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Lesson by "The Irish People"
In sentences with relative clauses of the type in which the word "who"
or "what" is in the nominative case, such as:
I saw the man
who collects newspapers; chonaic méan fear a bhailíonn
you often need
to express the negative. In the sentence above, this would be:
fear nach mbailíonn nuachtáin; I saw the man who doesn't
(nahk*) connects the clauses for the negative, for all tenses except
the past, where "nár" (naw*r) takes its place. Even
in the past tense, however, the irregular verbs "déan,
abair, téigh, feic, faigh, tá" are preceded by
Read aloud the
following examples of "nach" or "nár" usage
with the nominative relative structure. Try to develop a general sense
of how the relative clause is formed, so that you will be ready for
the practice at the end of this lesson:
An aimsir láithreach; the present tense
buachaill nach mbearrann séfóséféin; this
is the boy who does not shave (himself) yet.
Cuirim sa bhosca
na píosaíaráin nach bhfuil ite; I put into the
box the pieces of bread that are not eaten.
Mháire staidéir mhargaidh (STAH-day*r VWAHR-uh-gee)
nach n-ordaíonn sí; he gives Máire marketing
surveys that she doesn't order.
An aimsir chaite (K*AHT-ye); the past tense
leabhair nár tháinig tríd an bpost; I get books
that didn't come through the mail.
méésin leis an gcigire nár scríobh litir
ar bith chugam (HOO-uhm); I will say that to the inspector who didn't
write any letter to me.
an bhónár ith a féar; don't sell the cow that
didn't eat its grass.
For the few irregular
verbs that take "nach" in the past tense:
Seán leis an bhfear nach ndearna an obair i gceart; Seán
will talk with the man who didn't do the work properly.
fuinneoga nach raibh briste; I cleaned the windows that weren't broken.
ar eitilt nach ndeachaigh fós chuig Boston; Bláthnaid
will leave on a flight that didn't go to Boston yet.
An aimsir ghnáthcaite; the past habitual tense
gach lále múinteoir nach bhfoghlaimíodh an Iodáilis;
I talk every day with a teacher who didn't used to study Italian.
an bus nach dtéadh ar an ardbhóthar; that's the bus
that didn't used to go on the highway.
hainmneacha de na páistínach n-óladh bainne;
I got the names of the children who didn't used to drink milk.
An aimsir fháistineach; the future tense
dom an duine nach mbeidh ann amárach; show me the person who
won't be here tomorrow.
leis an amhránaínach n-imeoidh roimh an samhradh seo
chugainn (rev-uh SOU-ruh shuh HOO-in); we listened to the singer who
will not leave before next summer.
An modh coinníollach; the conditional mood
le daoine nach gcreidfeadhé; he told that to people who wouldn't
t-iascaire nach rachadh amach taréis meán-lae; that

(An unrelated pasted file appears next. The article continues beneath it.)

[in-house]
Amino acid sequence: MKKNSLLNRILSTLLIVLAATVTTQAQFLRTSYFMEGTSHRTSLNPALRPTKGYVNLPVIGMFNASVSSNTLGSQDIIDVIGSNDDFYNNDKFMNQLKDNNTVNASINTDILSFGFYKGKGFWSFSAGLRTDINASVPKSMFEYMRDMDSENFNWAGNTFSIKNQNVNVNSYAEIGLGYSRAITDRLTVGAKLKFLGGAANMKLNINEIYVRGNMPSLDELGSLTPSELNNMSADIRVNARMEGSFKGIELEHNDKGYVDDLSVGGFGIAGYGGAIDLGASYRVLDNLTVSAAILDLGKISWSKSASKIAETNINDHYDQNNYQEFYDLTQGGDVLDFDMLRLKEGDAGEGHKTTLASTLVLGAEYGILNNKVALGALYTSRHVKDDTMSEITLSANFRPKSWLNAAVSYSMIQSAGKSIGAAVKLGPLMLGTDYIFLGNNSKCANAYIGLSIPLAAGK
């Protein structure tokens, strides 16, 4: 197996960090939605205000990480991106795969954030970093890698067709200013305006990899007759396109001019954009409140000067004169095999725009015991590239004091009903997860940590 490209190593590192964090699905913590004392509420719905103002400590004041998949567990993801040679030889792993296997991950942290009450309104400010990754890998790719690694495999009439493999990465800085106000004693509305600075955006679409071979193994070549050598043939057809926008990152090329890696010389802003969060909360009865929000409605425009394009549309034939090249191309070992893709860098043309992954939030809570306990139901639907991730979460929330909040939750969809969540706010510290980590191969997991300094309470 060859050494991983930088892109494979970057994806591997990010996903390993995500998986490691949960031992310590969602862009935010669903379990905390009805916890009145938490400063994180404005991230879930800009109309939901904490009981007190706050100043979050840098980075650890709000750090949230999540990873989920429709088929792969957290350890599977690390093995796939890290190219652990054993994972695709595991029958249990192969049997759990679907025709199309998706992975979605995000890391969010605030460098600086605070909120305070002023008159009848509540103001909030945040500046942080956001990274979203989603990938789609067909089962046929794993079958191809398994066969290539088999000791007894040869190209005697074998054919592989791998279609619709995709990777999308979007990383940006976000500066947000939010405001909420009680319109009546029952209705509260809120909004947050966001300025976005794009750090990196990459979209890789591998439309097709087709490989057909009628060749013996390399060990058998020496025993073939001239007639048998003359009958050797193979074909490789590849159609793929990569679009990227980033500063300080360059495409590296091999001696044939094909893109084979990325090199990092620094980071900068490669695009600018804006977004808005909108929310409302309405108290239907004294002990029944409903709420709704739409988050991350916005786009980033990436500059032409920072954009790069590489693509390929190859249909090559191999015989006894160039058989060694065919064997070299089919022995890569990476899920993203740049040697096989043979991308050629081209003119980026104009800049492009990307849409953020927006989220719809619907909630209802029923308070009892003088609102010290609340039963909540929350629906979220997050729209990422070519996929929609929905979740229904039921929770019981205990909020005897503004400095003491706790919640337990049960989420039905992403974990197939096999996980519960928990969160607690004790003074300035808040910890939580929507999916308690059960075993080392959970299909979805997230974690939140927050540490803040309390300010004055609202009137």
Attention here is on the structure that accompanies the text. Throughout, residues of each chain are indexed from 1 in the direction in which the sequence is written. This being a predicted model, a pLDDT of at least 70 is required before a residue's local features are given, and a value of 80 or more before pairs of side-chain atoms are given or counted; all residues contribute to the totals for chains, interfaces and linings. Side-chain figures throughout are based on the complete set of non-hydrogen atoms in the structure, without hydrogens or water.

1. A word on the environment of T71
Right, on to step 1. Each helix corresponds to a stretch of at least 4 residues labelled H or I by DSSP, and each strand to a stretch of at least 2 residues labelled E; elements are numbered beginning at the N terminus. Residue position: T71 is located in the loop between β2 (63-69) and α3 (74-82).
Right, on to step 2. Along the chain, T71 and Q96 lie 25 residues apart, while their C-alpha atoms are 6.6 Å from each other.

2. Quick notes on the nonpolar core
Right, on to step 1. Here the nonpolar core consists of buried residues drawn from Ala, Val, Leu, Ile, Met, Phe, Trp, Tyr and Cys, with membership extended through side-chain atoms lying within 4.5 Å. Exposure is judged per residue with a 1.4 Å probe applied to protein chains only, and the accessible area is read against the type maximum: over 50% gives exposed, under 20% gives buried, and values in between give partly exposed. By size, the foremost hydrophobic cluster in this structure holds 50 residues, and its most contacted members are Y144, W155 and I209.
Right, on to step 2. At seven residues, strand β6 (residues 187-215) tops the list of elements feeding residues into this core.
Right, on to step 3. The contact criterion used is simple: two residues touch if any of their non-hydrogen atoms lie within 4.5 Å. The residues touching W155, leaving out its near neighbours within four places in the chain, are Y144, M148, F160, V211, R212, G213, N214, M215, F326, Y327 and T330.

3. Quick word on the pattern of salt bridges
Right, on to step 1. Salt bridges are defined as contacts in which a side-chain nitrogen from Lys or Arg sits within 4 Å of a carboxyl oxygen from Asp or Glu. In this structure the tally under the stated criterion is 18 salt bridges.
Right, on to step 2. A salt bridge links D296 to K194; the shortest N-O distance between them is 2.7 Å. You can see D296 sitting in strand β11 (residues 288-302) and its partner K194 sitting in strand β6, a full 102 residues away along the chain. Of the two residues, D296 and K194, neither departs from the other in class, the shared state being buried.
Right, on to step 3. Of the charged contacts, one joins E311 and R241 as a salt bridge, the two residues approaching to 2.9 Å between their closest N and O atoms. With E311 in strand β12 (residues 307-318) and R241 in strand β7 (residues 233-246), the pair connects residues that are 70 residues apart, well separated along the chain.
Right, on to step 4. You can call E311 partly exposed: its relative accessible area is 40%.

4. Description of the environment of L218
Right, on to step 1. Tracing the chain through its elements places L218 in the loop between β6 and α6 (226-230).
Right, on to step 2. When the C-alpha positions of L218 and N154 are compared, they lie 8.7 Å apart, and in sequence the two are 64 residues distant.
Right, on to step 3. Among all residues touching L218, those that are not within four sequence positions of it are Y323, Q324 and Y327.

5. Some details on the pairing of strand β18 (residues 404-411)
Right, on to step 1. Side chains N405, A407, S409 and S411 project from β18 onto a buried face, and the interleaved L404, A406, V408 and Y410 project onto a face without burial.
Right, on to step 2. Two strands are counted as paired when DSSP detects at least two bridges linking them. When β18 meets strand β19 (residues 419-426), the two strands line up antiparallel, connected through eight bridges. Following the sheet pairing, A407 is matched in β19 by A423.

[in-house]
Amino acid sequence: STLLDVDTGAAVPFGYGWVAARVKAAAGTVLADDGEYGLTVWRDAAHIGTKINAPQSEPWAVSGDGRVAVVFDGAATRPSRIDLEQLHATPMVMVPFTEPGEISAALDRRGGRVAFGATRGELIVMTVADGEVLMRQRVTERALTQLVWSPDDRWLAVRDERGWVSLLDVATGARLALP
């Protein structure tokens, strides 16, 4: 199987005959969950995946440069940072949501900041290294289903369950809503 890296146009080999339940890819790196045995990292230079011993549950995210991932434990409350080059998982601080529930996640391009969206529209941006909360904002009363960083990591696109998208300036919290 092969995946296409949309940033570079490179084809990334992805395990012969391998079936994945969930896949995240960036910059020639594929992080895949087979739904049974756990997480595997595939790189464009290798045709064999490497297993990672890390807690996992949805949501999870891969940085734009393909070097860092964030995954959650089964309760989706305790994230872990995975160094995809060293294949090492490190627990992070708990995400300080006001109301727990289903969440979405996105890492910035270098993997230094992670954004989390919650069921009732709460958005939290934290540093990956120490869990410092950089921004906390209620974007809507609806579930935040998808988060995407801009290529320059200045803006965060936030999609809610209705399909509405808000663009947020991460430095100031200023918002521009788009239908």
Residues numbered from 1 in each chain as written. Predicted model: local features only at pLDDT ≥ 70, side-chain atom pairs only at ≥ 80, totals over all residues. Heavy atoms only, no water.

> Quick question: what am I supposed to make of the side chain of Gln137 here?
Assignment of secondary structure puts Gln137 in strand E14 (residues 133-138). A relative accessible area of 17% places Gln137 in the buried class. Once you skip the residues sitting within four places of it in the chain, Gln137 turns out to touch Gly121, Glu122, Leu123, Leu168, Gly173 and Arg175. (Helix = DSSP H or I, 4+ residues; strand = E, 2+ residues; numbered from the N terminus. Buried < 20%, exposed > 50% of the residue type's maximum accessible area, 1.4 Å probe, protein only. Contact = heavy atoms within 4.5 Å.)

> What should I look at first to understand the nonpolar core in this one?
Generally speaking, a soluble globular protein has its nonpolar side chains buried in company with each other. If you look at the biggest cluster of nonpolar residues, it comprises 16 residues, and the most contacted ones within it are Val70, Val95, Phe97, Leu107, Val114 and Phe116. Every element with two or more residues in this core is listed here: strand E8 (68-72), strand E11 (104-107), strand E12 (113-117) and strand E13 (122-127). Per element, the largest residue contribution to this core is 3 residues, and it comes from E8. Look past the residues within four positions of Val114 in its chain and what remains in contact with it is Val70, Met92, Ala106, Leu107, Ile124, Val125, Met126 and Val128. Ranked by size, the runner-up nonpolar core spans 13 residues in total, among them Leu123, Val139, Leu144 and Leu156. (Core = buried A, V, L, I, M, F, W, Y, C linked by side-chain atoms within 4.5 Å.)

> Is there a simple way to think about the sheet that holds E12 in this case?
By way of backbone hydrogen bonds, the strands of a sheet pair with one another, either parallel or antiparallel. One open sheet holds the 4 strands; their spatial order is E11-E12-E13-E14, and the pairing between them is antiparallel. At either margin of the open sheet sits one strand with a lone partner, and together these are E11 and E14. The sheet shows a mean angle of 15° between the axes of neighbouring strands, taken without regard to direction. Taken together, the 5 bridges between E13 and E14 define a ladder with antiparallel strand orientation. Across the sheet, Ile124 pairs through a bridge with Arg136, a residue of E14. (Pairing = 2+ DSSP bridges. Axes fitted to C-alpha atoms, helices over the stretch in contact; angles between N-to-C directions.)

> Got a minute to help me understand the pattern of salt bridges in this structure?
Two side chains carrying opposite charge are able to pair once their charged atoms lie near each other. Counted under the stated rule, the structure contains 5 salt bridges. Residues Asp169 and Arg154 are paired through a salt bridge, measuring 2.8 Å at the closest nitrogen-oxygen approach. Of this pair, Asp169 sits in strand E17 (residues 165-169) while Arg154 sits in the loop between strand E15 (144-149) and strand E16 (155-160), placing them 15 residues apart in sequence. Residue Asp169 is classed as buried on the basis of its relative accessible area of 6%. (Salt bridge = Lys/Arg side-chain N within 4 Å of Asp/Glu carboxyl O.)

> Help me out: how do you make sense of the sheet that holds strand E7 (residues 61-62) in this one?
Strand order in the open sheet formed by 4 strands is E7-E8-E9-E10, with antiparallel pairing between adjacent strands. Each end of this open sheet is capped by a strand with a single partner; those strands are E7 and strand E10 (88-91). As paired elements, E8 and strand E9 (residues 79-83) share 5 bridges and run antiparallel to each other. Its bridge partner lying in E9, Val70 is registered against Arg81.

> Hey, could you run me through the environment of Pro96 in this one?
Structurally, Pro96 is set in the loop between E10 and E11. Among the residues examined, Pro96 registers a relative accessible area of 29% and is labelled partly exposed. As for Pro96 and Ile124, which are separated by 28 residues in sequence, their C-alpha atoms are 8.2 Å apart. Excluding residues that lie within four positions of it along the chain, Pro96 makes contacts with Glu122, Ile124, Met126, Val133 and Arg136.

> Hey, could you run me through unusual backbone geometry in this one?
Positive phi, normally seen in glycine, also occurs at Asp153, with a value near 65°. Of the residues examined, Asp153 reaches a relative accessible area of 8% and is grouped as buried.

is the fisherman who wouldn't go out after noon.
Cuir Gaeilge ar
na habairtíseo leanas; Translate these following sentences
I put out the
cat that howled (béic) all night.
I gave milk to
the cat that didn't howl all night.
I will see the
woman who lost the ring.
I would see the
woman who didn't lose the expensive ring.
méamach an cat a bhéic an oíche go léir.
Thug mébainne don chat nár bhéic an oíche
bhean a chaill an fáinne. Feicfidh méan bhean nár
chaill an fáinne daor ( or "costasach").
Notice that tenses
can be mixed in this sentence forming.
For example, "I
saw who will " or "He would give that was ."
The accusative case with the relative
formidable subject becomes simple when the everyday meaning of it
is explained by illustration:
I prepared the
lunch that Seán ate; d'ullmhaigh méan lón a d'ith
He will sell the
boat that he bought last year; díolfaidh séan bád
a cheannaigh séanuraidh.
The rule for "nach"
and "nár" hold here, too. Samplaí:
an doras nár oscail an múinteoir; he returned to the
door that the teacher didn't open.
Chuir mo mháthair
ar an mbord an gloine nach bhfaca mé; my mother put on the
table the glass that I didn't see.
The danger of
ambiguity or misunderstanding can arise here, however. Obviously,
in the sentences just preceding, there is no mistaking who or what
is doing or receiving the action in the second clause. For example,
a door does not open a teacher, nor does a boat buy a person.
In other situations,
however, the meaning may not be clear:
fear a thuigeann Seán, This could be either "That is the
man who understands Seán" or "That is the man whom
To avoid the ambiguity,
follow this pattern:
fear a dtuigeann Seáné; that is the man whom Sean understands;
and keep the meaning of "Sinéan fear a thuigeann Seán"
as "That is the man who understands Seán."
relative word in this usage eclipses instead of aspirating. In the
past tense, "ar" and "nár" serve, with
an "é," "í," or "iad"
at the sentence end. The six irregular verbs: "déan, abair,
téigh, feic, faigh, tá" are preceded by "a"
and "nach" in the past, with eclipses occurring.
fear a bhuaileann mná; I saw the man who strikes women.
fear nach mbuaileann mná; I saw the man who doesn't strike
fear a mbuaileann mnáé; I saw the man whom women strike.
fear nach mbuaileann mnáé; I saw the man whom women
fear ar bhuail mná. Chonaic méan fear ar bhuail mnáé.
fear a fhuair Seán. Chonaic méan fear a bhfuair Seáné.
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